More controversy arrived after Newcomb directed his agency to dole out the maximum penalty to a small Houston-based airline called BaseOps, which had been paying Vietnam a fee for crossing its air space. BaseOps' CEO got a six-month prison sentence. Yet nearly every major U.S. airline made much larger payments to Vietnam -- and escaped with modest fines. It appeared to be a case of serving up small fry as a way to avoid facing a backlash from more influential offenders.
But it was Newcomb's role in Leatherneck that would finally earn an Inspector General's investigation.
According to the IG's report, one OFAC investigator -- government sources say it was Plitman -- accused Newcomb of deliberately scuttling OFAC's case against the corporations. He claimed that Newcomb barred investigators from speaking to the U.S. Attorney prosecuting the case. The Inspector General's office also validated Plitman's claim that Newcomb had drafted a letter to the New York bank handling the illicit cash transfers, ordering it to "cease and desist." Essentially, this alerted the bank to OFAC's investigation and prevented investigators from gathering more evidence on the corporate players involved.
Still, Plitman and Sheridan continued to gather evidence against the companies, including Mobil Corp. But a close friend of Newcomb's was an attorney for the company. During the very period when OFAC was investigating Mobil, Newcomb met with its executives, according to the IG report.
Plitman knew the probe had sprung a leak when he received a call from Mobil's attorneys. "I was completely taken aback, and I immediately asked them how they became aware of the investigation," said Plitman in an affidavit cited by The Los Angeles Times. (When Scene asked the Inspector General's office for the same document, it denied knowledge of its existence.)
"They stated that Mr. Newcomb told them about the allegations," Plitman said in his affidavit, "and that they were sure they could respond in a satisfactory fashion."
This, Plitman says in the IG report, amounted to "nothing less than a tip-off."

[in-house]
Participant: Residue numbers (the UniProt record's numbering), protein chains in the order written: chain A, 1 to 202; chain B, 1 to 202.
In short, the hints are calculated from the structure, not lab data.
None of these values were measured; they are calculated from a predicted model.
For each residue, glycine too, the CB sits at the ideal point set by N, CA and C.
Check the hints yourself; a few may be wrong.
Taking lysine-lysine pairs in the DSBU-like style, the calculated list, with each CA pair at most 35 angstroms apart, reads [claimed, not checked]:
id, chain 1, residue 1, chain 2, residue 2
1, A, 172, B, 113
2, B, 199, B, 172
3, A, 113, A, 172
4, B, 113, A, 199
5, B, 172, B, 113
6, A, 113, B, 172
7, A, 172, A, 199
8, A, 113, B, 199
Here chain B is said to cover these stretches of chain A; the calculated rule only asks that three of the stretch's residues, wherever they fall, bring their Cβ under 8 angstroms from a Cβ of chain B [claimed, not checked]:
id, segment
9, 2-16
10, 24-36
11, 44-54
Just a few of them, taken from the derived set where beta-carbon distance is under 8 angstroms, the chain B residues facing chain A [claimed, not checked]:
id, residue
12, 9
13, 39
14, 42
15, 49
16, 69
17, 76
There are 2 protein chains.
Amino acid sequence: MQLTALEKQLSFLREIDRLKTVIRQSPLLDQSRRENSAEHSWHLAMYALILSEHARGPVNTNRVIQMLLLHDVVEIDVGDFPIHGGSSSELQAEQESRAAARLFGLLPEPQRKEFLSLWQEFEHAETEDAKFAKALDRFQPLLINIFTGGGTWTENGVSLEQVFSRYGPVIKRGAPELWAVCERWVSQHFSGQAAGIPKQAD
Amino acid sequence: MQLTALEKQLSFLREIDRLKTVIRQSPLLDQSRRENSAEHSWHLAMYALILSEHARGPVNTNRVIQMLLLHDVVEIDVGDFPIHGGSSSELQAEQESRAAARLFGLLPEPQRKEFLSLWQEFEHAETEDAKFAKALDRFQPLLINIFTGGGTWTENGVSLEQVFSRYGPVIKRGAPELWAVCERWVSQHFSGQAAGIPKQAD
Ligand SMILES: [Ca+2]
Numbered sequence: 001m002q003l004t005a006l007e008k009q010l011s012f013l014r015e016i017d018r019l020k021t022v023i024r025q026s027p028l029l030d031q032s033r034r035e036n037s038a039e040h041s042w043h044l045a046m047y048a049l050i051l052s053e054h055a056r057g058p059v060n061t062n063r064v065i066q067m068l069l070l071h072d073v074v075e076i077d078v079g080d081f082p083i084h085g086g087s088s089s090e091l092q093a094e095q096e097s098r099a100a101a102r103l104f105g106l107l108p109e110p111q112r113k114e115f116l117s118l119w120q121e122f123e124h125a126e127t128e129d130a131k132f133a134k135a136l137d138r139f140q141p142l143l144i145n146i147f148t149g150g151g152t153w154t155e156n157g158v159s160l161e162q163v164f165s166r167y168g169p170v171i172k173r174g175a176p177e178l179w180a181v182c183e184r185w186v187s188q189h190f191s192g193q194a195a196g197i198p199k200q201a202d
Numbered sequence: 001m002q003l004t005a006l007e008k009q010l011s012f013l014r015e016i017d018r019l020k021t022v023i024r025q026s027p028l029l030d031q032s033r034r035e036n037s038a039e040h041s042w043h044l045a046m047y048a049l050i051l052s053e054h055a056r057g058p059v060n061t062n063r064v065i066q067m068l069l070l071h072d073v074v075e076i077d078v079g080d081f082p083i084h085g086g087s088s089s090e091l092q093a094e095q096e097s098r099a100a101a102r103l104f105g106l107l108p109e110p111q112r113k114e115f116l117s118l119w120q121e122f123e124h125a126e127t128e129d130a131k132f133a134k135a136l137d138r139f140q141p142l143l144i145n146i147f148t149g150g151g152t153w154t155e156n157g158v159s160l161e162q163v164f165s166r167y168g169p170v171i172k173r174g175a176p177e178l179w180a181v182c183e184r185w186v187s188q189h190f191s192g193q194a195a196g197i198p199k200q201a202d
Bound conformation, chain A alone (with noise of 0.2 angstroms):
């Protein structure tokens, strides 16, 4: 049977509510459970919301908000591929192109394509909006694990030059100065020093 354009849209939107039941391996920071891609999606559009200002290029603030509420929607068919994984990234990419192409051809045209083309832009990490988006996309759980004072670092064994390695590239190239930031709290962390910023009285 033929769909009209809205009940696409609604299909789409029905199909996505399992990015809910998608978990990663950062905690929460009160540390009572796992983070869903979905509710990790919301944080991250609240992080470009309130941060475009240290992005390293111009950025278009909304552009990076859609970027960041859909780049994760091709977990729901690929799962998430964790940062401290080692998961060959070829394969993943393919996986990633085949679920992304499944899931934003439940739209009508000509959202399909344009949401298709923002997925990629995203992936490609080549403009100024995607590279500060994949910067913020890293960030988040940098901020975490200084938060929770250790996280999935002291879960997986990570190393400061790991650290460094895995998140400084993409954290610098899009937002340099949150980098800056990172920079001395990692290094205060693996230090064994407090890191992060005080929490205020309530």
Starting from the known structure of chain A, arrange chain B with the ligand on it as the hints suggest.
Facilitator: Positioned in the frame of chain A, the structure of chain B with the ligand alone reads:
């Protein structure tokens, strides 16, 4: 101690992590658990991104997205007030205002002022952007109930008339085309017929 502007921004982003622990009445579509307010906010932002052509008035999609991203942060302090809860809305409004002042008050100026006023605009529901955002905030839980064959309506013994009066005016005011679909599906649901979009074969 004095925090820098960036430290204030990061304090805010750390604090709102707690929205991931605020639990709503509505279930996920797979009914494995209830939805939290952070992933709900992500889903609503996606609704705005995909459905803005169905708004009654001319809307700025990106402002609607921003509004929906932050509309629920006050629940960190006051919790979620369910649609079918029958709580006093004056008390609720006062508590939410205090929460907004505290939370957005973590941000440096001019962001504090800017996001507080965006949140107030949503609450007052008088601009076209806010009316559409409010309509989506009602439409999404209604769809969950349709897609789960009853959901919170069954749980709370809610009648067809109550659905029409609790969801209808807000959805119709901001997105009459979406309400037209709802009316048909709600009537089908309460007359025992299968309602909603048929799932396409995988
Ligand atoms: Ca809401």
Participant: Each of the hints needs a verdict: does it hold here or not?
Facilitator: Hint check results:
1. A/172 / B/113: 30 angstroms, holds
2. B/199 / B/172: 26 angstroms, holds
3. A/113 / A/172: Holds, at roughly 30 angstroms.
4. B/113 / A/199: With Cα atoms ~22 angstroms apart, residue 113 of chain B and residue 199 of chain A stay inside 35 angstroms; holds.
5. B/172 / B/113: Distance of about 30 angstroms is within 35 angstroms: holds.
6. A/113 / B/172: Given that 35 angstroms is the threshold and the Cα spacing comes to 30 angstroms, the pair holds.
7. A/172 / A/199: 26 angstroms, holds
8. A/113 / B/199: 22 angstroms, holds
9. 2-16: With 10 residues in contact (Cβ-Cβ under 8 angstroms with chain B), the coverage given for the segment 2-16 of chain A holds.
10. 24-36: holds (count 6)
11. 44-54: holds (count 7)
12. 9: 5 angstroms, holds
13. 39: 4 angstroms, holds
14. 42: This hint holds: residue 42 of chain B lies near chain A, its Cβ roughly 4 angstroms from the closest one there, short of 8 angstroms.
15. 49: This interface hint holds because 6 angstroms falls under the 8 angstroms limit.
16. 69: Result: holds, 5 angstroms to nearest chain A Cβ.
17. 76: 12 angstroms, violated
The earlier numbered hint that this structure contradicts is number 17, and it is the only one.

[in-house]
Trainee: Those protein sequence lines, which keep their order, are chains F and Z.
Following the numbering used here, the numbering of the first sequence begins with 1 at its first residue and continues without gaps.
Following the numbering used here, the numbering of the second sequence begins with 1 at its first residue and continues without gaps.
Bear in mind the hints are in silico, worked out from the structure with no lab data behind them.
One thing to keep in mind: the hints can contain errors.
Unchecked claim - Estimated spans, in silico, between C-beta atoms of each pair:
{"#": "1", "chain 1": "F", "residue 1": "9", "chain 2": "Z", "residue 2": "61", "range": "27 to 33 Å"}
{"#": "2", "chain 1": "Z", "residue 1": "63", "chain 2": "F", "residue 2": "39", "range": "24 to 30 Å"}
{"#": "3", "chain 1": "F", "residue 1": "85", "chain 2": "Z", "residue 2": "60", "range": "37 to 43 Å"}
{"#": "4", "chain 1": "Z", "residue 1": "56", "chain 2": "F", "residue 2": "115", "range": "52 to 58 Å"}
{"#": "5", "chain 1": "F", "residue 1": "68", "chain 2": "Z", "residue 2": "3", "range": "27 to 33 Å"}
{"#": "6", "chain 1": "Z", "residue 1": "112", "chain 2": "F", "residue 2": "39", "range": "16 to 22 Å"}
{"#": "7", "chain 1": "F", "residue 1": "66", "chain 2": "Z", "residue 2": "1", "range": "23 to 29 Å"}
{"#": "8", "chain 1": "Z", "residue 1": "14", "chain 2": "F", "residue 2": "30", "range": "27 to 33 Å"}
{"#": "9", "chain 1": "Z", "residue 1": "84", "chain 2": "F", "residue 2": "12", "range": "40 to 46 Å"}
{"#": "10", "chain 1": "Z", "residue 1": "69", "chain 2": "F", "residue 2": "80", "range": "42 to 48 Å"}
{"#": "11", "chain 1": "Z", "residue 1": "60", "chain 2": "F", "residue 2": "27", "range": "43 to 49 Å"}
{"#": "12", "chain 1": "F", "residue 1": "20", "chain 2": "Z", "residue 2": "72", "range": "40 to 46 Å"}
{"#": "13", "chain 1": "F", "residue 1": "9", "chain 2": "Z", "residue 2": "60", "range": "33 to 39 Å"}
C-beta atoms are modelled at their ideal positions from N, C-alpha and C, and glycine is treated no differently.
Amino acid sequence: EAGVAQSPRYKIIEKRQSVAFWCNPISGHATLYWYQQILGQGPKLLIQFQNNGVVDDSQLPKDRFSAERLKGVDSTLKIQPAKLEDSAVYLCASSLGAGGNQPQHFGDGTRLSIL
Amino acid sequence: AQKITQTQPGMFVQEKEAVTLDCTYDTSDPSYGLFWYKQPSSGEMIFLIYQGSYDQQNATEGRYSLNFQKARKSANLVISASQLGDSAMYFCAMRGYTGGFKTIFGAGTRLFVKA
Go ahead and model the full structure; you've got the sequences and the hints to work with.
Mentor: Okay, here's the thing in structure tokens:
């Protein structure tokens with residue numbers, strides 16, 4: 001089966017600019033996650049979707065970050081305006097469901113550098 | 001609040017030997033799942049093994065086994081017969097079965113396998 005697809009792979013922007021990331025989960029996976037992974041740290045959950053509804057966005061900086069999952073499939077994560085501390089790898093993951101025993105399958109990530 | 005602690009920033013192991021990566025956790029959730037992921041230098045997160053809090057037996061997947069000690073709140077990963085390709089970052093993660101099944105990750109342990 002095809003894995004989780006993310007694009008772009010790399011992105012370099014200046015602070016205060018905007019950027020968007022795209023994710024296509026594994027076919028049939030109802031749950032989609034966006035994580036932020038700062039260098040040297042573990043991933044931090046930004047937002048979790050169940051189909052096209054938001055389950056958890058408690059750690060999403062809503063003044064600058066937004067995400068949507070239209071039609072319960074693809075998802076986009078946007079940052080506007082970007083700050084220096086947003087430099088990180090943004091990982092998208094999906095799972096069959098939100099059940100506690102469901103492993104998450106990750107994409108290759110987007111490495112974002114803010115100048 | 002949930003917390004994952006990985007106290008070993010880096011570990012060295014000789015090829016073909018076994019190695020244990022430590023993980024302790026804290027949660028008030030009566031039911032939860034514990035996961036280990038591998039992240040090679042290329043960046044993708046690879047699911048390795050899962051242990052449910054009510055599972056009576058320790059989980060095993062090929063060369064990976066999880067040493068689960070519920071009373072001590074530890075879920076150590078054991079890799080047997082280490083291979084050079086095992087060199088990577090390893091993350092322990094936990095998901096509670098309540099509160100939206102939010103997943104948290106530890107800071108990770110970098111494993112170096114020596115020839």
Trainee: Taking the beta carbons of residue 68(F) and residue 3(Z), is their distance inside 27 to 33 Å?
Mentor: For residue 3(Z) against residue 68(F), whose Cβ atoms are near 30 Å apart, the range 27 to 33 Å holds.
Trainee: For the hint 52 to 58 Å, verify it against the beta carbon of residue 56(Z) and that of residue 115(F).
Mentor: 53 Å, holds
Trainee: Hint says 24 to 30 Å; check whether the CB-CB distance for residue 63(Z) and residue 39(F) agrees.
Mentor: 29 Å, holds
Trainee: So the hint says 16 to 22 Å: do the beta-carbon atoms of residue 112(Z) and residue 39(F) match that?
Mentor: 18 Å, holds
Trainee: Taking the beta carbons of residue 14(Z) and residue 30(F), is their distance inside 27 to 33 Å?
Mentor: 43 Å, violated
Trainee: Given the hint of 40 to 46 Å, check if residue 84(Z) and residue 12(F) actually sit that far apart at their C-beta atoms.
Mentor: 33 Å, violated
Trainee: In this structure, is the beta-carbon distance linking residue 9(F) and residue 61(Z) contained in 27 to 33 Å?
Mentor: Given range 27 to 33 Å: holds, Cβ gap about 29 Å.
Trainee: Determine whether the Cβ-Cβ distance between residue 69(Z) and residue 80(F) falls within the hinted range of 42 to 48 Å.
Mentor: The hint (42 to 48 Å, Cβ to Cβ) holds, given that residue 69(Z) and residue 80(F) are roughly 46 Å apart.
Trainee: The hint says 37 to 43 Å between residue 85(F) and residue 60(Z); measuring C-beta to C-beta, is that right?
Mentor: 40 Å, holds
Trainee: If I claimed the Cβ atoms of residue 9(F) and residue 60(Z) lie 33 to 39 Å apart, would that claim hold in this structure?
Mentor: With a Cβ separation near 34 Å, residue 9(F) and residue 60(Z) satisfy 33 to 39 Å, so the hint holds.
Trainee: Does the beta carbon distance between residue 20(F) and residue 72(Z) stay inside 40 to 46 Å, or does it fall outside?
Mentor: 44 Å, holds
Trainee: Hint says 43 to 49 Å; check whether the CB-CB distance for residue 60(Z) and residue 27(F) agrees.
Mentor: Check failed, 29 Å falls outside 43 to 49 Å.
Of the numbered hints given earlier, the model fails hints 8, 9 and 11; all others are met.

Exxon Mobil spokesman Tom Cirigliano admits that the company prospected for oil off the Vietnam coast before the war, but says it left when the war began and did not return until after the embargo was lifted in 1993.
Downie talked to Southern Ohio Congressman John Boehner (R-Hamilton) about Leatherneck in July 1993. Boehner, in turn, called OFAC, asking why such a promising case went bad. In the affidavit cited by The L.A. Times, Plitman claimed that Newcomb asked him to lie to Boehner. Plitman refused. Boehner's office did not respond to interview requests, but in a letter to one of Downie's attorneys, Boehner made his frustration known, complaining that "official inquiries by my office are met with stonewalling and obfuscation as a matter of policy."
In the end, OFAC declined to prosecute the corporations suspected of moving money to the Vietnamese government. Plitman and Sheridan both filed grievances against Newcomb, alleging that their boss ruined Leatherneck, among other investigations. (Sheridan, who has since retired, could not be reached for comment. Plitman, now a Customs investigator in Washington, D.C., refused comment.)
The final IG report faulted Newcomb for not pursuing the criminal case and admonished him for meeting with the targets of OFAC investigations. But Newcomb received no punishment from his superiors in the U.S. Treasury. He remains director of OFAC today. (Newcomb declined comment.)
Downie can't believe Newcomb's leaks happened by accident. Nor can he imagine that Siegel believed it was possible to carry out Leatherneck after replacing the undercover agents.
"It was destroyed by design," he says. "It was too devious, too sophisticated to be incompetence. They attacked the operation from all directions."